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  15. Moral enhancement via direct emotion modulation: A reply to John Harris.Thomas Douglas - 2011 - Bioethics 27 (3):160-168.
    Some argue that humans should enhance their moral capacities by adopting institutions that facilitate morally good motives and behaviour. I have defended a parallel claim: that we could permissibly use biomedical technologies to enhance our moral capacities, for example by attenuating certain counter-moral emotions. John Harris has recently responded to my argument by raising three concerns about the direct modulation of emotions as a means to moral enhancement. He argues that such means will be relatively ineffective in bringing about (...)
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  16. Enhancing Evolution: The Ethical Case for Making Better People.John Harris - 2007 - Princeton University Press.
    In Enhancing Evolution, leading bioethicist John Harris dismantles objections to genetic engineering, stem-cell research, designer babies, and cloning and makes an ethical case for biotechnology that is both forthright and rigorous. Human enhancement, Harris argues, is a good thing--good morally, good for individuals, good as social policy, and good for a genetic heritage that needs serious improvement. Enhancing Evolution defends biotechnological interventions that could allow us to live longer, healthier, and even happier lives by, for example, providing us with (...)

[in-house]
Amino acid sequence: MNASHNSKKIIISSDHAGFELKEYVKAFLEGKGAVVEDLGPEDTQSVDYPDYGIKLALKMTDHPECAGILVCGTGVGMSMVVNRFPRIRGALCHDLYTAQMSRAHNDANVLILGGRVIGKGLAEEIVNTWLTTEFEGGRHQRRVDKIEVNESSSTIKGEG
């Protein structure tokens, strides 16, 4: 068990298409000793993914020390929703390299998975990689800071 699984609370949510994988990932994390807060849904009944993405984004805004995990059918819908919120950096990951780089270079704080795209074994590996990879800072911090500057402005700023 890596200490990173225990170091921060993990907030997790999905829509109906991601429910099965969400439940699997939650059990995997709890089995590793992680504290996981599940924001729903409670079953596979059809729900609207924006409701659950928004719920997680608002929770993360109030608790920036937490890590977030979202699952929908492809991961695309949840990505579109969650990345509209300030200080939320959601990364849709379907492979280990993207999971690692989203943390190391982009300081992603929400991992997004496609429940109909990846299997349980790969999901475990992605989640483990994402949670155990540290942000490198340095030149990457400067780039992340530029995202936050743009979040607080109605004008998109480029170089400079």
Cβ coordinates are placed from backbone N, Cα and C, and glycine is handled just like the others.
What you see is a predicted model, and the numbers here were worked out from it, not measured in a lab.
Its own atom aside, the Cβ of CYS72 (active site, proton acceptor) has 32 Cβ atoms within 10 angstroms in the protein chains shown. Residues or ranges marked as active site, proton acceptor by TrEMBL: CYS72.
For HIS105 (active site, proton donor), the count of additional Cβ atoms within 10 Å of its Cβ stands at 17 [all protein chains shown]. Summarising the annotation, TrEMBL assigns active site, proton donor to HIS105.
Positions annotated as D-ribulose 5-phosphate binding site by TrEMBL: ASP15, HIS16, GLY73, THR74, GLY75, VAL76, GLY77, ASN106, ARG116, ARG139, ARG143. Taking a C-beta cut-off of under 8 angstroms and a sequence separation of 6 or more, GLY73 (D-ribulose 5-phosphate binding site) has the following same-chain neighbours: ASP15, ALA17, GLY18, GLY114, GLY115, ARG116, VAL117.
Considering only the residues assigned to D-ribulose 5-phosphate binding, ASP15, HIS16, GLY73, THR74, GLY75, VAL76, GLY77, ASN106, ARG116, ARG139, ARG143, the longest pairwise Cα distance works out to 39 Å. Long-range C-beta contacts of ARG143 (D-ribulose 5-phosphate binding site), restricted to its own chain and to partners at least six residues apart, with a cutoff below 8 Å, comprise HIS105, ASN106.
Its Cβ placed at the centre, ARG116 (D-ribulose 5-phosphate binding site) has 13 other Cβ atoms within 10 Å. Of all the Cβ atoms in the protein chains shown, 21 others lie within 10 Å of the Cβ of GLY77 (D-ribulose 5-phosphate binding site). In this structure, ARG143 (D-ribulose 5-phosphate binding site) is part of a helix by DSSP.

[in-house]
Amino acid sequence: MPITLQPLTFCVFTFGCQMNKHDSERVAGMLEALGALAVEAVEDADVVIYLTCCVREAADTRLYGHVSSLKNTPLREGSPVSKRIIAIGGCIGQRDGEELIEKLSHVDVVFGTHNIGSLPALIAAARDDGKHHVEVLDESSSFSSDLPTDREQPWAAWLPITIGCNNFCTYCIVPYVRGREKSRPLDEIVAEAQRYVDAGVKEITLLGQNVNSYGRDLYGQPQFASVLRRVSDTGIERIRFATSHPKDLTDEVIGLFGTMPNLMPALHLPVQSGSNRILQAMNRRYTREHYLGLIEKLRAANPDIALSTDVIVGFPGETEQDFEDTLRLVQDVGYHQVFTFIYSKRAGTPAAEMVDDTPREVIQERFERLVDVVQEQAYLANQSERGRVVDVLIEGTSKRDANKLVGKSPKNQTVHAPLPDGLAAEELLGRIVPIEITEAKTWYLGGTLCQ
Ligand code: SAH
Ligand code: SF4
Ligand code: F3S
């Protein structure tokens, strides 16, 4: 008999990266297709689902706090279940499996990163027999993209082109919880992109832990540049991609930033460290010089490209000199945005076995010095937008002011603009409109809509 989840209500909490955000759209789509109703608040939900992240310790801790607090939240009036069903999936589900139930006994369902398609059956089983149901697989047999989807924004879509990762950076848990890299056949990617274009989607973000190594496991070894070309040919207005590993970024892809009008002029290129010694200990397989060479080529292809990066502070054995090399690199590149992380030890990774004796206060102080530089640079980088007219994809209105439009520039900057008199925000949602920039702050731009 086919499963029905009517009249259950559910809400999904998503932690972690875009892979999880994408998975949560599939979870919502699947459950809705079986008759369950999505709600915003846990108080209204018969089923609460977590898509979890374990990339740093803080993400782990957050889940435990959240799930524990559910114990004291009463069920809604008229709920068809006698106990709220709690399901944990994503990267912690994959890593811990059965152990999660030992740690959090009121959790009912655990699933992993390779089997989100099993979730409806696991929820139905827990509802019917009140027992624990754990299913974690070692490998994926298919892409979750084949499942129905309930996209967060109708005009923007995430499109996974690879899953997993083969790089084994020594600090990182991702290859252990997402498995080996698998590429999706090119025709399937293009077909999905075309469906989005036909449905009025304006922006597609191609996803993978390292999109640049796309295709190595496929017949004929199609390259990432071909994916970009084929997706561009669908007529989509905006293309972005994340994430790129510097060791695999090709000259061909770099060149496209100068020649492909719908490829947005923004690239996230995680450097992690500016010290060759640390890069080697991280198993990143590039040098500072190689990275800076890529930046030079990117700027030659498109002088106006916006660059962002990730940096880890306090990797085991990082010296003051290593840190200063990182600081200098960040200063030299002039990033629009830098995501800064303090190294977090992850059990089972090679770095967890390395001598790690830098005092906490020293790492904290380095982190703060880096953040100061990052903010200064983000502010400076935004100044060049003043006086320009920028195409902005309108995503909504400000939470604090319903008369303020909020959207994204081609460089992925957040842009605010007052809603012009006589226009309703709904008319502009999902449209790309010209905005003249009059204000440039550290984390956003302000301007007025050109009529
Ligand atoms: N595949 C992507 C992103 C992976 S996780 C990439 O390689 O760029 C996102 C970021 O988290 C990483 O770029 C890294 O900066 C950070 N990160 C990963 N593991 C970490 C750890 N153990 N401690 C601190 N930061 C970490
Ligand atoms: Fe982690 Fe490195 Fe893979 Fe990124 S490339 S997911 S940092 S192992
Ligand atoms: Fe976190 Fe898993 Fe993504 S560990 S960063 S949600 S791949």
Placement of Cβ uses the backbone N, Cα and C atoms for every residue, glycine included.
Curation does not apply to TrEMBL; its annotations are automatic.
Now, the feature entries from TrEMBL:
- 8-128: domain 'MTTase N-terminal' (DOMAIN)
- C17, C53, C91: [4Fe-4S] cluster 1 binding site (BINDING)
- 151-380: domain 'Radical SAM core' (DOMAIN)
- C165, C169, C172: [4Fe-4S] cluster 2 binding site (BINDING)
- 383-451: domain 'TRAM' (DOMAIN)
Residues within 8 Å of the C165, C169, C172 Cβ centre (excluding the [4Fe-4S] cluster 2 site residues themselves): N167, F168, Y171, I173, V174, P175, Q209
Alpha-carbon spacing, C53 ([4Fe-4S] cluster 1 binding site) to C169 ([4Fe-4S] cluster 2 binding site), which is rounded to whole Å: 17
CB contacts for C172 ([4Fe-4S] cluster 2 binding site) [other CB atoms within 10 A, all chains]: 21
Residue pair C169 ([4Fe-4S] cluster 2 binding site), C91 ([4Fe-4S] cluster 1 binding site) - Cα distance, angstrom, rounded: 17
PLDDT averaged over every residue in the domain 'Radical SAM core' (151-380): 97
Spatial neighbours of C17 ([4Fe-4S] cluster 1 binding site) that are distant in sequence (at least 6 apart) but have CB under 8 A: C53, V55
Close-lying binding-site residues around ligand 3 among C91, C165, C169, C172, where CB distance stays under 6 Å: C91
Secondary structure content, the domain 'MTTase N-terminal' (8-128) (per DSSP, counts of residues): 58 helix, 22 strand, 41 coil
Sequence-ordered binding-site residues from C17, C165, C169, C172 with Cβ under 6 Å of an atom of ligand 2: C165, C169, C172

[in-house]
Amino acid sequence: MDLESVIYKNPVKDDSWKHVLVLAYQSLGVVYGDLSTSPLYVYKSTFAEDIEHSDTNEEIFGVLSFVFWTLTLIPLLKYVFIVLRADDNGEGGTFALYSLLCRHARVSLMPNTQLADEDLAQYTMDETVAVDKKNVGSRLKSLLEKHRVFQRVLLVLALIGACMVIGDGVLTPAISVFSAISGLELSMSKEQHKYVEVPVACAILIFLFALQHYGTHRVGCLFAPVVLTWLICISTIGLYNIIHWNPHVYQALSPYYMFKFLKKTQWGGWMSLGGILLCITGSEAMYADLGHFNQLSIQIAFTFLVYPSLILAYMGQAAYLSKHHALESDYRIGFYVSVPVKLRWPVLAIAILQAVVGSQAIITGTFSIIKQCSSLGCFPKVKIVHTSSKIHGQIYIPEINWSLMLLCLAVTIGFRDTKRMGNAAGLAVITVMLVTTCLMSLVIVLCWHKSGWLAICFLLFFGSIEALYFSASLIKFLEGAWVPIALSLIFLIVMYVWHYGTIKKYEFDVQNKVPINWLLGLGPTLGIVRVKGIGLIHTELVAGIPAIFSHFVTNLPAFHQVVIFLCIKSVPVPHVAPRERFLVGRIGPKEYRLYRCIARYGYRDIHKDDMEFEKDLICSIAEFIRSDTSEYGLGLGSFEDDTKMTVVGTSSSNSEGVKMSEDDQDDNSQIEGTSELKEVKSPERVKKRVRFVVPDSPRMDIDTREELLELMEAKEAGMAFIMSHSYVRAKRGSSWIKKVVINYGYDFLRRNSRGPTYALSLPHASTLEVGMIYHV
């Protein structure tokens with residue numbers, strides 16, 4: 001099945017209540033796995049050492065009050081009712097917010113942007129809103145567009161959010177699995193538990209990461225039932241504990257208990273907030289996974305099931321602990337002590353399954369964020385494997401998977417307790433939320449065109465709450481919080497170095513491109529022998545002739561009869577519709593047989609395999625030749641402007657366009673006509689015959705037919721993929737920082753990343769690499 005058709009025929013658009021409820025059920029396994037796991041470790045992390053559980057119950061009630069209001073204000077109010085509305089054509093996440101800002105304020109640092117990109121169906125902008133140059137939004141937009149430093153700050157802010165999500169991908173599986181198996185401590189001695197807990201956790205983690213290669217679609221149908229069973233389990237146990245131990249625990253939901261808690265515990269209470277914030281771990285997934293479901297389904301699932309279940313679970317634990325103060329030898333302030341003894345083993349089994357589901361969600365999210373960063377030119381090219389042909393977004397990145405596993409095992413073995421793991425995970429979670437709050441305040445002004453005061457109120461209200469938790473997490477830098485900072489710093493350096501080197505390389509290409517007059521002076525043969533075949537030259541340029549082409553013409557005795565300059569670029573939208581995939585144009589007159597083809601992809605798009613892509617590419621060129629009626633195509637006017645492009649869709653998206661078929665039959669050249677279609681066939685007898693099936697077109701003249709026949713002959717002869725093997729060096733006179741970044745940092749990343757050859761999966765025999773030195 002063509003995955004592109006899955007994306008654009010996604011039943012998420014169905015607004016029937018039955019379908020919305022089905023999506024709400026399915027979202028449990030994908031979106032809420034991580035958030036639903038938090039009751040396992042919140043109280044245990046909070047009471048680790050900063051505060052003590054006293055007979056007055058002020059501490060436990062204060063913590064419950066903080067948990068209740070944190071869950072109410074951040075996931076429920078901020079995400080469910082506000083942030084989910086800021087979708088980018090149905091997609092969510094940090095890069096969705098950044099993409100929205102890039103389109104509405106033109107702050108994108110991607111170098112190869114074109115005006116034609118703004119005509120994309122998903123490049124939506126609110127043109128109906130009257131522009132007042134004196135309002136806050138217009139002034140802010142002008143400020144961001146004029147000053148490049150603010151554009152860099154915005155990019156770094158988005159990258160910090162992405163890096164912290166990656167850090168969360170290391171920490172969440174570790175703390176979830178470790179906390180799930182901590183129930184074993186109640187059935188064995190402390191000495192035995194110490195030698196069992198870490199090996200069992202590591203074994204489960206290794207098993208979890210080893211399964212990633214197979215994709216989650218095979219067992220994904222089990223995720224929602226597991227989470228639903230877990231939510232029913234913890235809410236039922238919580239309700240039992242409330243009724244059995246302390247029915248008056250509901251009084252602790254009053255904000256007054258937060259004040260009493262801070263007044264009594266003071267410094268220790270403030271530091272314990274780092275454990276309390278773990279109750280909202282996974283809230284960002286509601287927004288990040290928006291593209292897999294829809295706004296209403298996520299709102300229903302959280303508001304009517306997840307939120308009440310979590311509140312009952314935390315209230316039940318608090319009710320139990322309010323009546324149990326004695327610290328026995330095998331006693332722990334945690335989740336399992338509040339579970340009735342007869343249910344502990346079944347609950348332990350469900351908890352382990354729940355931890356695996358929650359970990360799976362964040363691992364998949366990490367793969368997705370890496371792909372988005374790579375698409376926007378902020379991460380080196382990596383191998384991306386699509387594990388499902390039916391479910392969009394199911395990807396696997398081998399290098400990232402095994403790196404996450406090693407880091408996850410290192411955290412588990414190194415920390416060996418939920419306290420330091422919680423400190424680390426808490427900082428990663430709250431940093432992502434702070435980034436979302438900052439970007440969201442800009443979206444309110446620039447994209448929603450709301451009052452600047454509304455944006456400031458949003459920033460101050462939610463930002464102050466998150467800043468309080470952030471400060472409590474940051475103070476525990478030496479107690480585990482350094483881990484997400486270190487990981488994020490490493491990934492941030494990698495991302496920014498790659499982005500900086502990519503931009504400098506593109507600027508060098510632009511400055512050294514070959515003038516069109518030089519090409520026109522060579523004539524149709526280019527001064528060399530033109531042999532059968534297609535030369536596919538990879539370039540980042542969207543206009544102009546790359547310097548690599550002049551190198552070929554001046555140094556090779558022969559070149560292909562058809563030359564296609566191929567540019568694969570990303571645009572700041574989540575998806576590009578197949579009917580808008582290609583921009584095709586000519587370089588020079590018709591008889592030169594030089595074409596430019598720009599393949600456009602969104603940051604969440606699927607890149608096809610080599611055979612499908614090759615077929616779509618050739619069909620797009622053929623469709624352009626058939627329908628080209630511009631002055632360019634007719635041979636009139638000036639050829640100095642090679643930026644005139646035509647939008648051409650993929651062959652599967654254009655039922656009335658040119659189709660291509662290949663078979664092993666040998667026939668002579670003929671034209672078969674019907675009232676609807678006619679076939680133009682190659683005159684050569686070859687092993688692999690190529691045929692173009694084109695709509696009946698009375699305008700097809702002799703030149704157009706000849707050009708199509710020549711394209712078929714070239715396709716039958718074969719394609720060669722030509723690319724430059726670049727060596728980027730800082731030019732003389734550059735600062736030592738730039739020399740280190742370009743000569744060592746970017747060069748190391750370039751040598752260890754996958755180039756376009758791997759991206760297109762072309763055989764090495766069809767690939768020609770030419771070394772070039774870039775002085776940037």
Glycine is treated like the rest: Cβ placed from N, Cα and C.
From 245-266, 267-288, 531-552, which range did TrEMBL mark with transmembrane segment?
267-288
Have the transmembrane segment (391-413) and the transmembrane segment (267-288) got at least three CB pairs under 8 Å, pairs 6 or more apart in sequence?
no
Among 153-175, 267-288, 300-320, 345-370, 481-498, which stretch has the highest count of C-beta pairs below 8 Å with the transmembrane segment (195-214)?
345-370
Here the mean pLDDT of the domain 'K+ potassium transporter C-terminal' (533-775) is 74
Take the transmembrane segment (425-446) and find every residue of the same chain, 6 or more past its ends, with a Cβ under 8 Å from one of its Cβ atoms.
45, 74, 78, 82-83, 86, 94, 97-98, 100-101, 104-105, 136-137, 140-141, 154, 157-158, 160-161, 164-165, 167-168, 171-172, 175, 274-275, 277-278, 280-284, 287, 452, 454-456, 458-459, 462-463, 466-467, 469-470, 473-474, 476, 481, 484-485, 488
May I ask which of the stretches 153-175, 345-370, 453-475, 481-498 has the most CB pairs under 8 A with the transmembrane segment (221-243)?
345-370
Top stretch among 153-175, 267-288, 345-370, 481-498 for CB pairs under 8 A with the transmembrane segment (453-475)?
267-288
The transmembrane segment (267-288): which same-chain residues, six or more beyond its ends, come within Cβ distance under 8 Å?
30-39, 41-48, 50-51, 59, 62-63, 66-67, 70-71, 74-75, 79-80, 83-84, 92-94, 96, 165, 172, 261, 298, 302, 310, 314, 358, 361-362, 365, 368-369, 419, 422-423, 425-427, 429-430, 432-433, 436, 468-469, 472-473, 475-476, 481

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  17. Moral Enhancement: Do Means Matter Morally?Farah Focquaert & Maartje Schermer - 2015 - Neuroethics 8 (2):139-151.
    One of the reasons why moral enhancement may be controversial, is because the advantages of moral enhancement may fall upon society rather than on those who are enhanced. If directed at individuals with certain counter-moral traits it may have direct societal benefits by lowering immoral behavior and increasing public safety, but it is not directly clear if this also benefits the individual in question. In this paper, we will discuss what we consider to be moral enhancement, how (...)